The past year has been a huge shock for us all, and as a result of the Covid-19 pandemic, a huge number of us will now be adjusting to working from home in an effort to delay the spread of the virus and limit the stress placed upon our healthcare system. With this new pattern set in for many ongoing, our homes will quickly start to feel suffocating if we’re not careful.
In light of recent events, we thought we'd share some tips which we’ve found to help with the transition to remote working.
1.The tip recommended the most is leaving the house before you start work. Even if it’s just a 15-minute walk around the block, getting some fresh air and moving the legs makes you feel much more awake by the time you sit down to start working. Also, as we aren’t commuting, your step count will be lower, meaning the amount of calories you burn in a day will also be lower .
2. Have a dedicated space to work from. Natural light boosts mood  so try and work from somewhere that has a source of natural light. Having a dedicated space to work from allows you to be in “work mode” when you’re in/at a given space and makes it easier to switch out of work mode when the day is done.
3. Similar to the above, some people find it difficult to work productively wearing joggers and a hoody. Putting on a full suit might be a bit extreme but wearing something other than chill-clothes might help to get your mind in to work-mode. Getting changed at the end of the work-day again helps to switch off and chill out when the day is done.
4. Elevate your screen so you’re not looking down at it, your neck will thank you.
5. Planning out your day in 1 or 2 hour blocks can help you remain organised, avoid distractions and ensure you’re completing the required tasks each day. Completing a PLOD (Plan of the Day) for the upcoming day will keep you on track and having an overall PLOW (Plan of the Week) will allow you to reflect upon what you have achieved at the end of the week.
6. If you’re able to, eat lunch away from your workspace again so you train your mind into knowing that when you’re at the desk, you’re working (and vice-versa!). If you have the facilities to do so and the British weather allows, try eating outside for another dose of fresh-air and Vitamin D (see point 8).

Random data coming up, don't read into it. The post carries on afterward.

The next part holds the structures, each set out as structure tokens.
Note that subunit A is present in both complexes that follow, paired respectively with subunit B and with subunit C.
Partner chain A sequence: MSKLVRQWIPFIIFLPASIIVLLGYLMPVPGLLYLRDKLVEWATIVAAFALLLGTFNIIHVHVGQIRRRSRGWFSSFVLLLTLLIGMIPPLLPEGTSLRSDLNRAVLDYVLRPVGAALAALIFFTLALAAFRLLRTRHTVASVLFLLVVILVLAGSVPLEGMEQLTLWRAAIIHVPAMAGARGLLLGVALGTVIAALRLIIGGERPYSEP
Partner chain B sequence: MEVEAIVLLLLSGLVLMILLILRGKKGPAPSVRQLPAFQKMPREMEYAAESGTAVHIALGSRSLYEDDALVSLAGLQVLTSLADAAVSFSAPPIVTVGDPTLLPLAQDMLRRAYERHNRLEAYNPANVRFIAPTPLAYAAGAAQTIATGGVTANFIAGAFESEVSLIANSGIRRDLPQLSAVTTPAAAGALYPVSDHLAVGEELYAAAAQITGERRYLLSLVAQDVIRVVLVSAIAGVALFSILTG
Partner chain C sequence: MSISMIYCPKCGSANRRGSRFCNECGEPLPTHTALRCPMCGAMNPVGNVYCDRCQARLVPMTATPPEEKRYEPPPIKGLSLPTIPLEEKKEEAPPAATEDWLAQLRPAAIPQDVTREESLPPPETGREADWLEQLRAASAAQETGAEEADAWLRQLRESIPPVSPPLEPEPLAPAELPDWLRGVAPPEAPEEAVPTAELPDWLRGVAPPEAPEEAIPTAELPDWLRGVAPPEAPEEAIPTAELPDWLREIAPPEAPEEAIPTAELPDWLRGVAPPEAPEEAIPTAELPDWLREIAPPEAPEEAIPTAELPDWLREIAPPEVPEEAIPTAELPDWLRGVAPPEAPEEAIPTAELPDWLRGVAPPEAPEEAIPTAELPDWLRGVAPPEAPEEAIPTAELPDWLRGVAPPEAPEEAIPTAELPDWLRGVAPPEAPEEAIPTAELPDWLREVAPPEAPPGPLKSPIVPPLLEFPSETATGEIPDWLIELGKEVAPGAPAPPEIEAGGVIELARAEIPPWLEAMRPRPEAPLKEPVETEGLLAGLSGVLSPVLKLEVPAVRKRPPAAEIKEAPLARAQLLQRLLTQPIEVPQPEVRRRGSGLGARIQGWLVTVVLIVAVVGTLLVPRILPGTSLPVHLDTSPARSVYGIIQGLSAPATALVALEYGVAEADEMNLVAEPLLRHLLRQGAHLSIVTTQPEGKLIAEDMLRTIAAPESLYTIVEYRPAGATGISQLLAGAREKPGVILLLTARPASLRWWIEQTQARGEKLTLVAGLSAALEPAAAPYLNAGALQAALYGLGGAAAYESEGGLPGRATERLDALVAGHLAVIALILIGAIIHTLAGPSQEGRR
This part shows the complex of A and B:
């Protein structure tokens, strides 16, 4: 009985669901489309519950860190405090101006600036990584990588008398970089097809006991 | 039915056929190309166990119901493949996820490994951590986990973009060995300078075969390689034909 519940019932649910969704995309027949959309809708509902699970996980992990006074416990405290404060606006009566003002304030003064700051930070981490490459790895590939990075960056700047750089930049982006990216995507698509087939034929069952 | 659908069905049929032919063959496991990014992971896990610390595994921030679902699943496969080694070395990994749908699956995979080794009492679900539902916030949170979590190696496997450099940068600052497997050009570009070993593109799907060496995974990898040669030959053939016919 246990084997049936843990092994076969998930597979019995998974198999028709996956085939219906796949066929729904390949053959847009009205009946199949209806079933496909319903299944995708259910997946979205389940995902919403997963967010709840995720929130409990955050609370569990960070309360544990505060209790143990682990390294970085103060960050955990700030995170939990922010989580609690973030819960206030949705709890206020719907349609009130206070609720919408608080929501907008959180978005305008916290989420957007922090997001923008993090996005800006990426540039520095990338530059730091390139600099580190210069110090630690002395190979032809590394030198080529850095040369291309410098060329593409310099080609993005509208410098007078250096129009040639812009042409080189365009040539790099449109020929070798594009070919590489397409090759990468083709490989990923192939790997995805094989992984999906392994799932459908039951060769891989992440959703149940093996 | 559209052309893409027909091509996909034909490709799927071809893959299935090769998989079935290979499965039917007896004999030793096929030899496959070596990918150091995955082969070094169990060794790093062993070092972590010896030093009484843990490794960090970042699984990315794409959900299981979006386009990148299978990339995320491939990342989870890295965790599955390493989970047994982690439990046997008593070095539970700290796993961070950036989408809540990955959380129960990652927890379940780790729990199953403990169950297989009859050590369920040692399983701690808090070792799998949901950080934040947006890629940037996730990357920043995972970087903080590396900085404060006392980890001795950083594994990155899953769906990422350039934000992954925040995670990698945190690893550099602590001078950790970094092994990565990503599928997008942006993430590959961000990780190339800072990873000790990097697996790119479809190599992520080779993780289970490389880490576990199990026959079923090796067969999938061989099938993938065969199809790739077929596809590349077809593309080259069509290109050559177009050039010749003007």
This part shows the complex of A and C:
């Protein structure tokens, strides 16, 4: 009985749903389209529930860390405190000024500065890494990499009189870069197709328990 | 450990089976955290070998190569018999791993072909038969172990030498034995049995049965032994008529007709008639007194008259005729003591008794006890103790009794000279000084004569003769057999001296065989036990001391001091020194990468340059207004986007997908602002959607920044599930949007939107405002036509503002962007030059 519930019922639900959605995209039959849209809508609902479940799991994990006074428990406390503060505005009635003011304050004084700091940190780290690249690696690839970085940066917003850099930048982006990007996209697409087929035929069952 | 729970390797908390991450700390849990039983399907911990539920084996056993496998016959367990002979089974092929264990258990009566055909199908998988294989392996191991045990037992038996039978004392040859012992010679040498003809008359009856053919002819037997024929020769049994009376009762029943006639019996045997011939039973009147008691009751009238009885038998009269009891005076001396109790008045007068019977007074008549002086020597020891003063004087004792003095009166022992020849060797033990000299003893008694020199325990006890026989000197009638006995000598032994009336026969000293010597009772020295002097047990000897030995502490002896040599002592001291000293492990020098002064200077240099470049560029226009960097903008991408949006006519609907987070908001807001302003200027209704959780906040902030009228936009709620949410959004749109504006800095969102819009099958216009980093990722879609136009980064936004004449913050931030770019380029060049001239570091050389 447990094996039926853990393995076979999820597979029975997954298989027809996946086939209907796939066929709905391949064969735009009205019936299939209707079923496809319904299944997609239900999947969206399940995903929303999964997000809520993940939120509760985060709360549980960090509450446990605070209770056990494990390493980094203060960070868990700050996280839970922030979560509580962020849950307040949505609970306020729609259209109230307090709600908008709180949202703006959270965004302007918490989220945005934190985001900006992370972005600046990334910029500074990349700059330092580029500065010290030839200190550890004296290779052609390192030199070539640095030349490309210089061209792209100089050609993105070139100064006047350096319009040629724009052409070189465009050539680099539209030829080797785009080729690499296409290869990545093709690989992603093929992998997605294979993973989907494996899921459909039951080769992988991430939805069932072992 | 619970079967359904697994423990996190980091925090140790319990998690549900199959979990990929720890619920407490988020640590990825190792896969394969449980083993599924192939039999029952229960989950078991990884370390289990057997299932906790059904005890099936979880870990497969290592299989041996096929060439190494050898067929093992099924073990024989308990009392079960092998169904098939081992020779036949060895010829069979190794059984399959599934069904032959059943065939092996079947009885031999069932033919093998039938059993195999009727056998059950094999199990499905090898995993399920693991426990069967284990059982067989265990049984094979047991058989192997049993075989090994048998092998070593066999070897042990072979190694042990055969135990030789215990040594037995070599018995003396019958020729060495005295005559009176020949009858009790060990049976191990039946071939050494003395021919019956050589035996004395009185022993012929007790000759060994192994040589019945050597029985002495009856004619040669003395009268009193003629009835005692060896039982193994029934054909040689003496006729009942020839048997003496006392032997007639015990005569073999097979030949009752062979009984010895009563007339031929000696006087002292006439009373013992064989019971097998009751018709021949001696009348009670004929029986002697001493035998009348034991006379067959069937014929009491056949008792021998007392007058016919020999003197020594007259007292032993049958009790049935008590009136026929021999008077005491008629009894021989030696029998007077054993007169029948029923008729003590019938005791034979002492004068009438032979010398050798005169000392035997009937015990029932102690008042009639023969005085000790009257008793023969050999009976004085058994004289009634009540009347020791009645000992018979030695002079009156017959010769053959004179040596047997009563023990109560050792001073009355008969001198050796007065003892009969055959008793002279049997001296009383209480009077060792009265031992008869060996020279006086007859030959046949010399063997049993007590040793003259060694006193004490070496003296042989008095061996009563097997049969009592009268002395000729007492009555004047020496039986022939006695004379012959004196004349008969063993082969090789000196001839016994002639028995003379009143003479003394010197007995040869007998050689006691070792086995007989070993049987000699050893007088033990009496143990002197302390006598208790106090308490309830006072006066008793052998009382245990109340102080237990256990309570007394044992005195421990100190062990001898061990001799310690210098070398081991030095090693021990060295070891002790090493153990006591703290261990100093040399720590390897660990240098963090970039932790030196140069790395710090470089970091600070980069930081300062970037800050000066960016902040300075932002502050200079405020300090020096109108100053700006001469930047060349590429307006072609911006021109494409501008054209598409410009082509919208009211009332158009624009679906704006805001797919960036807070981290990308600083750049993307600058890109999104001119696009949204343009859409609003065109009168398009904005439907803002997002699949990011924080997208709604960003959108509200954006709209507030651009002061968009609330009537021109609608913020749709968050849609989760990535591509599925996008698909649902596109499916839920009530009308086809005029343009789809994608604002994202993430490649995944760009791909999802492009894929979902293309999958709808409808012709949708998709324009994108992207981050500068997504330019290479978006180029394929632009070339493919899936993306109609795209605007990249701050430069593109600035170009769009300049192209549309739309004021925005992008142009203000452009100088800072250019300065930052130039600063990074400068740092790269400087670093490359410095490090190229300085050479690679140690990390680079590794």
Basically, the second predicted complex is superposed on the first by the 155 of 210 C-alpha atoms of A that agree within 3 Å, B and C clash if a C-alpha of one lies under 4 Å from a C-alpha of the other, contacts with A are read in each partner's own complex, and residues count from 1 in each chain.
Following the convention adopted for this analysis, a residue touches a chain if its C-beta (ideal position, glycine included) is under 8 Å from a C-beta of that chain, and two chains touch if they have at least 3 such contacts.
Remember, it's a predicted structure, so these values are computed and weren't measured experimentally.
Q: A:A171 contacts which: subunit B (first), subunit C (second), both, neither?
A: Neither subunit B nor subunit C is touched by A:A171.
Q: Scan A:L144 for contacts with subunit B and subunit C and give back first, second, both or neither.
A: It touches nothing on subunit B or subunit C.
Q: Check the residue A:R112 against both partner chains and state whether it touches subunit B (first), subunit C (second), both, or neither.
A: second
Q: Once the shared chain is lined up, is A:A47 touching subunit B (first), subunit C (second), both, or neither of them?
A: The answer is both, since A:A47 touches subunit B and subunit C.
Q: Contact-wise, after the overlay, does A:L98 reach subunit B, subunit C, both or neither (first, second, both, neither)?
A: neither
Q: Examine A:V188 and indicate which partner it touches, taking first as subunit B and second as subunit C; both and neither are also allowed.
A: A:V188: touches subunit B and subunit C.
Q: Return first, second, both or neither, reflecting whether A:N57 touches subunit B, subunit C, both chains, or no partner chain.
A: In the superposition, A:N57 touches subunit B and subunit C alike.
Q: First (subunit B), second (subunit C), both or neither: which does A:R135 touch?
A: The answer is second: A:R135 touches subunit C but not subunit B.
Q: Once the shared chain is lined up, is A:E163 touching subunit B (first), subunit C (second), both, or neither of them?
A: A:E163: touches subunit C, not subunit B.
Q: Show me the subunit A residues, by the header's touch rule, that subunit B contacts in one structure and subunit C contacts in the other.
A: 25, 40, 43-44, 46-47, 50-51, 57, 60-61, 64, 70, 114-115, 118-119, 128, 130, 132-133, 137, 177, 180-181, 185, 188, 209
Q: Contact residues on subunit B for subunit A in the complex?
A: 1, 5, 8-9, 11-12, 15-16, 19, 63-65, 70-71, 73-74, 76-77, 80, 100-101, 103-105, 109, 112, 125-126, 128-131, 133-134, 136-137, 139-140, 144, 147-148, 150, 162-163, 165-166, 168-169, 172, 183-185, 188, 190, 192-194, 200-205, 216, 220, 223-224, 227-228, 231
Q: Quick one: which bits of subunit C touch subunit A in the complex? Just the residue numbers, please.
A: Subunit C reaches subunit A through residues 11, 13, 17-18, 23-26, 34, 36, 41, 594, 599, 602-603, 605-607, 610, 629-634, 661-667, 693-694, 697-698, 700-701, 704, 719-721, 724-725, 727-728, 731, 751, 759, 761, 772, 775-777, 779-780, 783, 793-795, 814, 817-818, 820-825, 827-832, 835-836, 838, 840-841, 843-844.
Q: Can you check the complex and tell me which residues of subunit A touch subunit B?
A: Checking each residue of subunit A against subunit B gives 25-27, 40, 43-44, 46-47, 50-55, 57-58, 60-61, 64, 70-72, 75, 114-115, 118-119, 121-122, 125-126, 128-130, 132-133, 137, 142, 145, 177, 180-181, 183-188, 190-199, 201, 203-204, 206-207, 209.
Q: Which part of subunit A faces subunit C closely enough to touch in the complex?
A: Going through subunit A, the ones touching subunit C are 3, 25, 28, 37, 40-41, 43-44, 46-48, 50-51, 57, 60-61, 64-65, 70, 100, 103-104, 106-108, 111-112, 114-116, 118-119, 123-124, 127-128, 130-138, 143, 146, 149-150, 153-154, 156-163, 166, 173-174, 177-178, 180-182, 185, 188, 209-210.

7. If you have snacks at your workspace, you WILL be tempted to eat all of them, keep them in the kitchen so you can dip in if you want to when you’re getting a coffee or taking a break.
8. Not being outside as much puts us at risk of Vitamin D deficiency due to a lack of exposure to natural sunlight. In fact, it is estimated that over 1 billion of us worldwide are deficient in Vitamin D [3, 4]. Our bodies synthesize Vitamin D from the cholesterol in our skin when we get exposure to the sun . So, if you’re unable to get outside before, during or after your workday, it may be worth considering getting a Vitamin D3 supplement. Unfortunately, there is not a clear-cut consensus from current research when it comes to how much we should supplement with, as there are a number of factors which can affect this including age, skin tone, environment and certain medical conditions such as Crohn’s disease. Supplements will typically contain 2000-3000iu which falls within the range of doses presented in current research (1000-4000iu). Consult your doctor if you think you might be more at risk of Vitamin D deficiency than the average person.
These are very peculiar times and this list is by no means exhaustive. Talk to friends, family and colleagues about what works for them and you’re sure to find something that you can implement too, and feel free to share it with us on the Bodyhero socials too!
- Bowden Davies, K.A., et al., Reduced physical activity in young and older adults: metabolic and musculoskeletal implications. Ther Adv Endocrinol Metab, 2019. 10: p. 2042018819888824.
- Sansone, R.A. and L.A. Sansone, Sunshine, serotonin, and skin: a partial explanation for seasonal patterns in psychopathology? Innov Clin Neurosci, 2013. 10(7-8): p. 20-4.
- Sahota, O., Understanding vitamin D deficiency. Age Ageing, 2014. 43(5): p. 589-91.
- Forrest, K.Y. and W.L. Stuhldreher, Prevalence and correlates of vitamin D deficiency in US adults. Nutr Res, 2011. 31(1): p. 48-54.
- Reichrath, J., et al., Vitamins as hormones. Horm Metab Res, 2007. 39(2): p. 71-84.